This compact Tiny1 astronomy camera aims to let you take great pictures of the stars

Could this gadget be the perfect astronomy tool for newbies?

Aloysius Low

Aloysius Low

Senior Editor

Aloysius Low is a Senior Editor at CNET covering mobile and Asia. Based in Singapore, he loves playing Dota 2 when he can spare the time and is also the owner-minion of two adorable cats.

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2 min read

The Milky Way captured with the Tiny1 camera.


Like most people, I'm pretty jaded when it comes to crowdfunded projects. So when TinyMOS got in touch about its Tiny1 astronomy camera, currently seeking funding on Indiegogo, I was a bit dubious. After all, so many similar hardware projects never get past the funding stage. They promise the world and deliver, well, nothing.

Singapore startup TinyMOS says it can take great pictures of the night sky with a 4-megapixel camera that costs just $379 (converting to about £265 or AU$515). That's a big claim, so I took a trip down to the TinyMOS office to find out more.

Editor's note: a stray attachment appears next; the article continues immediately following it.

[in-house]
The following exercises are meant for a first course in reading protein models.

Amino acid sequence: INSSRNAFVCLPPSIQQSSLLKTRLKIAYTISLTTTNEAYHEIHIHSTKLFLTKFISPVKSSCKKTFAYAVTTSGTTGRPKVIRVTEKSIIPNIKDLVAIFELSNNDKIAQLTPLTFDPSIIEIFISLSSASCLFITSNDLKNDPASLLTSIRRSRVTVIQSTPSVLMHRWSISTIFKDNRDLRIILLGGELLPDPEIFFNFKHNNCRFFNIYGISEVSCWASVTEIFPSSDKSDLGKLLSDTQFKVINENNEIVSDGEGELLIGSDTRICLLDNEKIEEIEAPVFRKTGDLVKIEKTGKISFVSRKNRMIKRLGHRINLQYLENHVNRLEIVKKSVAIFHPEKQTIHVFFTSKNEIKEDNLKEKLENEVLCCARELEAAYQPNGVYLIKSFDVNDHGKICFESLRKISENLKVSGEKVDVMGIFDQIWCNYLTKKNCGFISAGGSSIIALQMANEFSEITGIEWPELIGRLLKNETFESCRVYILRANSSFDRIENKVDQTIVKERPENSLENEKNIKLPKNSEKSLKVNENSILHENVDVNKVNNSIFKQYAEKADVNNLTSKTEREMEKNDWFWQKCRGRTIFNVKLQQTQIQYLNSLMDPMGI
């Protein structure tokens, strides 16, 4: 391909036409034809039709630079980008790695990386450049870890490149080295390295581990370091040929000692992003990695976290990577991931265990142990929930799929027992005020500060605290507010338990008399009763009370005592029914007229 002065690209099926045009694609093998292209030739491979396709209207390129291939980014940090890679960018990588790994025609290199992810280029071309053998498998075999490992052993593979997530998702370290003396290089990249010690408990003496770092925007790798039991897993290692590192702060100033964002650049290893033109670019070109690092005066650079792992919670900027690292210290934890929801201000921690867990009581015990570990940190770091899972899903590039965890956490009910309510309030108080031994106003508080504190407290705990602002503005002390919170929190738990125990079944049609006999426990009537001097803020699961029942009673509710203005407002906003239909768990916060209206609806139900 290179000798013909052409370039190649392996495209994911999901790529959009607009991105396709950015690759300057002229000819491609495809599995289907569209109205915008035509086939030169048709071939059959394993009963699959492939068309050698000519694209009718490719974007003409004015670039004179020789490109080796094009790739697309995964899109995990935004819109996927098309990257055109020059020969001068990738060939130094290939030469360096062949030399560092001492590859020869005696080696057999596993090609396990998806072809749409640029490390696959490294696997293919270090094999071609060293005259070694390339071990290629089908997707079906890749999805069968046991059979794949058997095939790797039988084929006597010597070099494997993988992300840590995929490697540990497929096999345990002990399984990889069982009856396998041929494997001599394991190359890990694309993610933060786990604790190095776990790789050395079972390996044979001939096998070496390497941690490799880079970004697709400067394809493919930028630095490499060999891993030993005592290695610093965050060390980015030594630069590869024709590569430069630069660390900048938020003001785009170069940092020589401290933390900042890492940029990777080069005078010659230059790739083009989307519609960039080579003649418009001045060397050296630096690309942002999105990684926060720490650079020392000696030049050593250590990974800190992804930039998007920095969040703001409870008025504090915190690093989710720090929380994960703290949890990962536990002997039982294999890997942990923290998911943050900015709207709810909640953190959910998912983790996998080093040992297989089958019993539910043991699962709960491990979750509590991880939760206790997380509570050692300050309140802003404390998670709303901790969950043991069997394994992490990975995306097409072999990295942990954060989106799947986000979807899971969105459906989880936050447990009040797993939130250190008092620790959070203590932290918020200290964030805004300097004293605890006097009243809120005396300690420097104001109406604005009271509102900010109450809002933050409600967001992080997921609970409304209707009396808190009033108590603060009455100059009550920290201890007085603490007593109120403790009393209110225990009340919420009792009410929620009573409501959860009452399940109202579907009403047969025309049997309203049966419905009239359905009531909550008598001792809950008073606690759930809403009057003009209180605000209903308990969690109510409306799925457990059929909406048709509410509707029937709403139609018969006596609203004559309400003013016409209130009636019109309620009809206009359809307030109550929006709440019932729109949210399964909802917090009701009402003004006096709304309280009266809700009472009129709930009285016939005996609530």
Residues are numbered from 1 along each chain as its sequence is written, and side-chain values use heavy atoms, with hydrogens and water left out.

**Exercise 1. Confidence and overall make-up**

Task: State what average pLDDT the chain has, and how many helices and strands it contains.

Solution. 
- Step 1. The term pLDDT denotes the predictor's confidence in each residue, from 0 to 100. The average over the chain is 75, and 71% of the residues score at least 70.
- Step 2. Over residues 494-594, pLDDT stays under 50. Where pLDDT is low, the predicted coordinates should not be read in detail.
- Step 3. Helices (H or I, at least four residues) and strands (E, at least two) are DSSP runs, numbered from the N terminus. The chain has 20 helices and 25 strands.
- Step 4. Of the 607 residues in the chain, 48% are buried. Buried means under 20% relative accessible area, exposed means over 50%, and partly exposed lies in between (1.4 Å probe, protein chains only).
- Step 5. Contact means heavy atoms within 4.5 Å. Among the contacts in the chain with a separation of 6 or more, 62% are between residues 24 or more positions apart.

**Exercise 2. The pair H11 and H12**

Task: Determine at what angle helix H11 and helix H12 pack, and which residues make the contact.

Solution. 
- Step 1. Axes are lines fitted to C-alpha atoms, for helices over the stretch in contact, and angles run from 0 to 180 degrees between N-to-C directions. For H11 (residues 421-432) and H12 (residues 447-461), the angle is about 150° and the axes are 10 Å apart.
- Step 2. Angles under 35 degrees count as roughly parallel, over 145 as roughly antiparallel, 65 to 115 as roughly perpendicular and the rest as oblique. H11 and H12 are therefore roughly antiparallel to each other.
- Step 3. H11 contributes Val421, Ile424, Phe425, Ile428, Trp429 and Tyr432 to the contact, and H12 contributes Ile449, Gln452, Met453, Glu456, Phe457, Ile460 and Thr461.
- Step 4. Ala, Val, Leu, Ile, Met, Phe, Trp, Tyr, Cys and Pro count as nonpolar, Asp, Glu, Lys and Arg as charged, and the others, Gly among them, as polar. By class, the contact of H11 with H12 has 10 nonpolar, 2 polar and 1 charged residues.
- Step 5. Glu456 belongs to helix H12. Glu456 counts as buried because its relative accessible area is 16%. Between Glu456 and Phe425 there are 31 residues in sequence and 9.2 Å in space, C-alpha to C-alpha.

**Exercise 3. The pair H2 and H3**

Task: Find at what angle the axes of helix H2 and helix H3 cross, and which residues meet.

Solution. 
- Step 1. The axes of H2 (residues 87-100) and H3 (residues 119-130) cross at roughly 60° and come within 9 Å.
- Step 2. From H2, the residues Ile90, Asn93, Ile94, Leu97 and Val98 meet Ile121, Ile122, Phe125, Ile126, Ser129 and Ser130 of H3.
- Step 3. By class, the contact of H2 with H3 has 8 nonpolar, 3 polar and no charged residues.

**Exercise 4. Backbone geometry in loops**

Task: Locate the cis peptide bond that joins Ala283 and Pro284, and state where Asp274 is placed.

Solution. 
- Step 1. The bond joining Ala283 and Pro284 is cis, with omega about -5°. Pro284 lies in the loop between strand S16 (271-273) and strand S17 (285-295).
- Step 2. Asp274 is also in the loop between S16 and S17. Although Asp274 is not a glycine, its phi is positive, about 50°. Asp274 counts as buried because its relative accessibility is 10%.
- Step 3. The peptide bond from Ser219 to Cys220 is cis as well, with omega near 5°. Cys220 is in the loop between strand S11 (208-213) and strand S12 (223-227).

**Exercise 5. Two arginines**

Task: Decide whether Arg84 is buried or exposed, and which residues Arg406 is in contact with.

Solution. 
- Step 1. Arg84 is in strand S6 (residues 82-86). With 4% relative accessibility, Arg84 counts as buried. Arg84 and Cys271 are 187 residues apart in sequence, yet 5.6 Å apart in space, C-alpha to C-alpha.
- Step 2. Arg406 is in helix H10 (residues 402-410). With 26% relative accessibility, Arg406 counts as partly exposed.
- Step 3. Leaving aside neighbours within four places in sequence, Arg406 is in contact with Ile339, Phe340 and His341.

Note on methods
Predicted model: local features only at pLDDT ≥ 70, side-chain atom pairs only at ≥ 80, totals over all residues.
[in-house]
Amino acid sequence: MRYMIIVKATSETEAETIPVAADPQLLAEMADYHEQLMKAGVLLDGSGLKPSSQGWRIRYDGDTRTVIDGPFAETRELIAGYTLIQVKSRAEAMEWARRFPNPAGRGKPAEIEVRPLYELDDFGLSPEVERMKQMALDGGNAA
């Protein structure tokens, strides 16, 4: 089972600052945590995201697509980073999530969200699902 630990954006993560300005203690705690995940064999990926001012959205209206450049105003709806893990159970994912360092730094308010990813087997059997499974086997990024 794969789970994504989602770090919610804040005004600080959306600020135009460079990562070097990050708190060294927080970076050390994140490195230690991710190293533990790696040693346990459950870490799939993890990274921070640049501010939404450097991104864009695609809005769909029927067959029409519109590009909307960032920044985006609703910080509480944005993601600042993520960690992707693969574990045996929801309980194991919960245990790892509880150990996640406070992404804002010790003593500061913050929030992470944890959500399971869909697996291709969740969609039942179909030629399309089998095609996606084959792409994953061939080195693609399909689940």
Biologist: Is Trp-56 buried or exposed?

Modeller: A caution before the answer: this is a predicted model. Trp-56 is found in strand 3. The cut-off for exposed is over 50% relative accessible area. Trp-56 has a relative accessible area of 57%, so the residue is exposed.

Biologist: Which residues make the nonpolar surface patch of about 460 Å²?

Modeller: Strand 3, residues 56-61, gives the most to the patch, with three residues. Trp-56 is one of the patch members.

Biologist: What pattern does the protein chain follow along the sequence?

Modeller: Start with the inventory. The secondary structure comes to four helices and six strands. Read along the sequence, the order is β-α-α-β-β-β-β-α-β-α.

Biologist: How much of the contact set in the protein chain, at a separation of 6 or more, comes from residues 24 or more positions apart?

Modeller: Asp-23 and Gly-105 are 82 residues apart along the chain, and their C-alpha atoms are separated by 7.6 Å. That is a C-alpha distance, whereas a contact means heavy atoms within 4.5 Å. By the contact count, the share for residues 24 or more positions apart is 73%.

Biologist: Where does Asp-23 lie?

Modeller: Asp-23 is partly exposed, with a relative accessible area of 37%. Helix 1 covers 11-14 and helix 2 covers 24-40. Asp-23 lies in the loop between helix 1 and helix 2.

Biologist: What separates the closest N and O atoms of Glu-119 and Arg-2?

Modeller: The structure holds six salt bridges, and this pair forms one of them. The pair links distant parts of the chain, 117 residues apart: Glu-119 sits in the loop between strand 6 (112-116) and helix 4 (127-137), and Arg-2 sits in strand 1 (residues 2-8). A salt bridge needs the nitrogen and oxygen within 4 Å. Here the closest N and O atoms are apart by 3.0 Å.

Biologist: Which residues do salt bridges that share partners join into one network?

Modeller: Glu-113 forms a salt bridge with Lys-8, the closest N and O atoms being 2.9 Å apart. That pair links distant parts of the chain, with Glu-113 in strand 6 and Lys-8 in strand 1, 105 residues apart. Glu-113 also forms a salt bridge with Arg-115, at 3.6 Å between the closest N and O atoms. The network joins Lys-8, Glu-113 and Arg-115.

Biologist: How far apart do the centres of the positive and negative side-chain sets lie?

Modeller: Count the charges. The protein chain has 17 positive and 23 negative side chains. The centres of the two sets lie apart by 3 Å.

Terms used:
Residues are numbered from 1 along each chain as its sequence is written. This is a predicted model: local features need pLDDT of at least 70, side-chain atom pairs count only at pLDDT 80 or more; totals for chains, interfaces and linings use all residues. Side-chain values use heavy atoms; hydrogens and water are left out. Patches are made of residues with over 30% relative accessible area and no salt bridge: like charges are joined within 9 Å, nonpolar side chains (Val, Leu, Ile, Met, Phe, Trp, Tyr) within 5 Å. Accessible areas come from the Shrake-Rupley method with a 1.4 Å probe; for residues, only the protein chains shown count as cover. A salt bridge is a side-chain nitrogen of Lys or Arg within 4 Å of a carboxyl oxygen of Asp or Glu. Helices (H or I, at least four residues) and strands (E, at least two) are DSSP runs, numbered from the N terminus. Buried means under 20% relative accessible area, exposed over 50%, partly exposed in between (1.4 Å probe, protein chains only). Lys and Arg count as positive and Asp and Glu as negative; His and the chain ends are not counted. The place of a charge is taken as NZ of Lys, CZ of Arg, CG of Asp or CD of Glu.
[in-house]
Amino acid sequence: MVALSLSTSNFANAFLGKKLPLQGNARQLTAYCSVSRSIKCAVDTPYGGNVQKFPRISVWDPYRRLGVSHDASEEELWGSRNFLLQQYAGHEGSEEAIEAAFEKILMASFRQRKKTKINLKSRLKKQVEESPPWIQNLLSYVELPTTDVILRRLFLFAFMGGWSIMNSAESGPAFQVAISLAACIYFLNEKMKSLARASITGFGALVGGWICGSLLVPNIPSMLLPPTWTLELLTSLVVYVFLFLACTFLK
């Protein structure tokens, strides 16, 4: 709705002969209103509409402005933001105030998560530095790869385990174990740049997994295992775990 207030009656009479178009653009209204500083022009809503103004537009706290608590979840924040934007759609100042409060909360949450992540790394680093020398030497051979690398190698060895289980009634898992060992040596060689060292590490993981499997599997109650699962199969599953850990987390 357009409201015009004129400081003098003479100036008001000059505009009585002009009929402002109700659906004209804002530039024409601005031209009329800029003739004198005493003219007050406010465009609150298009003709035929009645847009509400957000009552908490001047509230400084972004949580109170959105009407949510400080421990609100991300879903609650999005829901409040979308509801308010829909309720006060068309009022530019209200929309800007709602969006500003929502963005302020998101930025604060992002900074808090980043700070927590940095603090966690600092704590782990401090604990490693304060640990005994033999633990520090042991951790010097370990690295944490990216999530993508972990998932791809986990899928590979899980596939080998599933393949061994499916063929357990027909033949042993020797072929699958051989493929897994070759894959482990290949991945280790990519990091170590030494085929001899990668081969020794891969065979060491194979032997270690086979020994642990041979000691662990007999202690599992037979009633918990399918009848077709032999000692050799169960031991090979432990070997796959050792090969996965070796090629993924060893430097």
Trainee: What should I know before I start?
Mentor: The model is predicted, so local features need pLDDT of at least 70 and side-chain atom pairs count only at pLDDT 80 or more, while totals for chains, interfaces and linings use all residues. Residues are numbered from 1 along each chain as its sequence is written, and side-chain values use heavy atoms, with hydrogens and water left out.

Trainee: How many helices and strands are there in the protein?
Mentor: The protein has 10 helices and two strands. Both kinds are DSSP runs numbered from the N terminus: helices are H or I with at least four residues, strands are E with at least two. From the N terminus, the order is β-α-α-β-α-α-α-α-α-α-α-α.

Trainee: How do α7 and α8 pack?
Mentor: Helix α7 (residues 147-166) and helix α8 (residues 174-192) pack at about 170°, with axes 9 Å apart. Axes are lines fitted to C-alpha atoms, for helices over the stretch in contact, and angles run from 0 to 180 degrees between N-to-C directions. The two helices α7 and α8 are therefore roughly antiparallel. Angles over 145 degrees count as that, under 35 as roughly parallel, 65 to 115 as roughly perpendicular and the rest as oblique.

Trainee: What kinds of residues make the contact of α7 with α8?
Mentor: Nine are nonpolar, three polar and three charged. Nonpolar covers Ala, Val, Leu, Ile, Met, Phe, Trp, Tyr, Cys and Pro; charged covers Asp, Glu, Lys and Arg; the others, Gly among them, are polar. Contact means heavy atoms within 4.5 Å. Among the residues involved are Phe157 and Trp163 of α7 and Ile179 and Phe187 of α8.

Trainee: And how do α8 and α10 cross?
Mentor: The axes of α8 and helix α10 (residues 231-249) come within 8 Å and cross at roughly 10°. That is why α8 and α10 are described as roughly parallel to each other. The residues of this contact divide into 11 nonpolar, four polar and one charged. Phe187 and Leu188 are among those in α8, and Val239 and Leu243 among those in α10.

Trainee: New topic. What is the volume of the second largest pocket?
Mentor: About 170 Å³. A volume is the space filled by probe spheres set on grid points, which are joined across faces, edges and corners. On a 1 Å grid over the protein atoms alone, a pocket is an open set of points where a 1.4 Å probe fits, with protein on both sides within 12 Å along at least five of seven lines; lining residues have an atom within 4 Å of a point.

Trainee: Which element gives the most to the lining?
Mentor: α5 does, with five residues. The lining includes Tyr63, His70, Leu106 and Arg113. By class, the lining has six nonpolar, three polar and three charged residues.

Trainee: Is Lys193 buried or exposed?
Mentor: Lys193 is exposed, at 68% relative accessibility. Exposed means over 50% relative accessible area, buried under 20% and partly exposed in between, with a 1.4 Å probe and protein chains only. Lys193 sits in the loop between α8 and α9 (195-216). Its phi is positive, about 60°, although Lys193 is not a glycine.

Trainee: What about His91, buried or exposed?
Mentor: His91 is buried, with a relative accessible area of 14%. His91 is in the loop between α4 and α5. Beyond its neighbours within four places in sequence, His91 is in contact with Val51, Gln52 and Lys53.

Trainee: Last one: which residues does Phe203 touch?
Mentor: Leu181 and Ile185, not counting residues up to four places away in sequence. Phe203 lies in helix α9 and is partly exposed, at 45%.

Amusingly, the first thing the team showed me was a thread on the shittykickstarters subreddit, which laid out rebuttals to the company's claims. CEO Grey Tan, COO Ashprit Singh Arora and CTO Chia Lih Wei seemed unfazed by the criticism, and confident of the tech they were showing me.


The Tiny1 camera.


Although there wasn't a full prototype of the Tiny1 ready just yet, Tan and Chia showed off a circuit board of its upcoming build and outlined plans to combine the camera sensor and the main processing board when it ships in November. In addition to the Indiegogo campaign, TinyMOS currently has funding from angel investors and a Singapore government grant.

Key specs

  • Sensor size: 1/3 inch, 2-micron pixels
  • Formats: DNG and raw
  • Timelapse video capability
  • USB 2.0 support
  • 1,700mAh battery

I got to see the unfinished camera at work. It seems to use a smaller sensor for a longer zoom and also lets you use adapters for telescopes or DSLR lenses. The image quality seems very sharp, thanks to its patent-pending software that helps reduce noise. TinyMOS also showed me impressive-looking demo clips of footage.

I'm still inclined to be wary about this and can't give any kind of verdict until there's an actual product in my hands. But I really hope it holds up. If TinyMOS can get its Tiny1 out at the end of the year and deliver on its promise, it could make astrophotography easy and exciting again.

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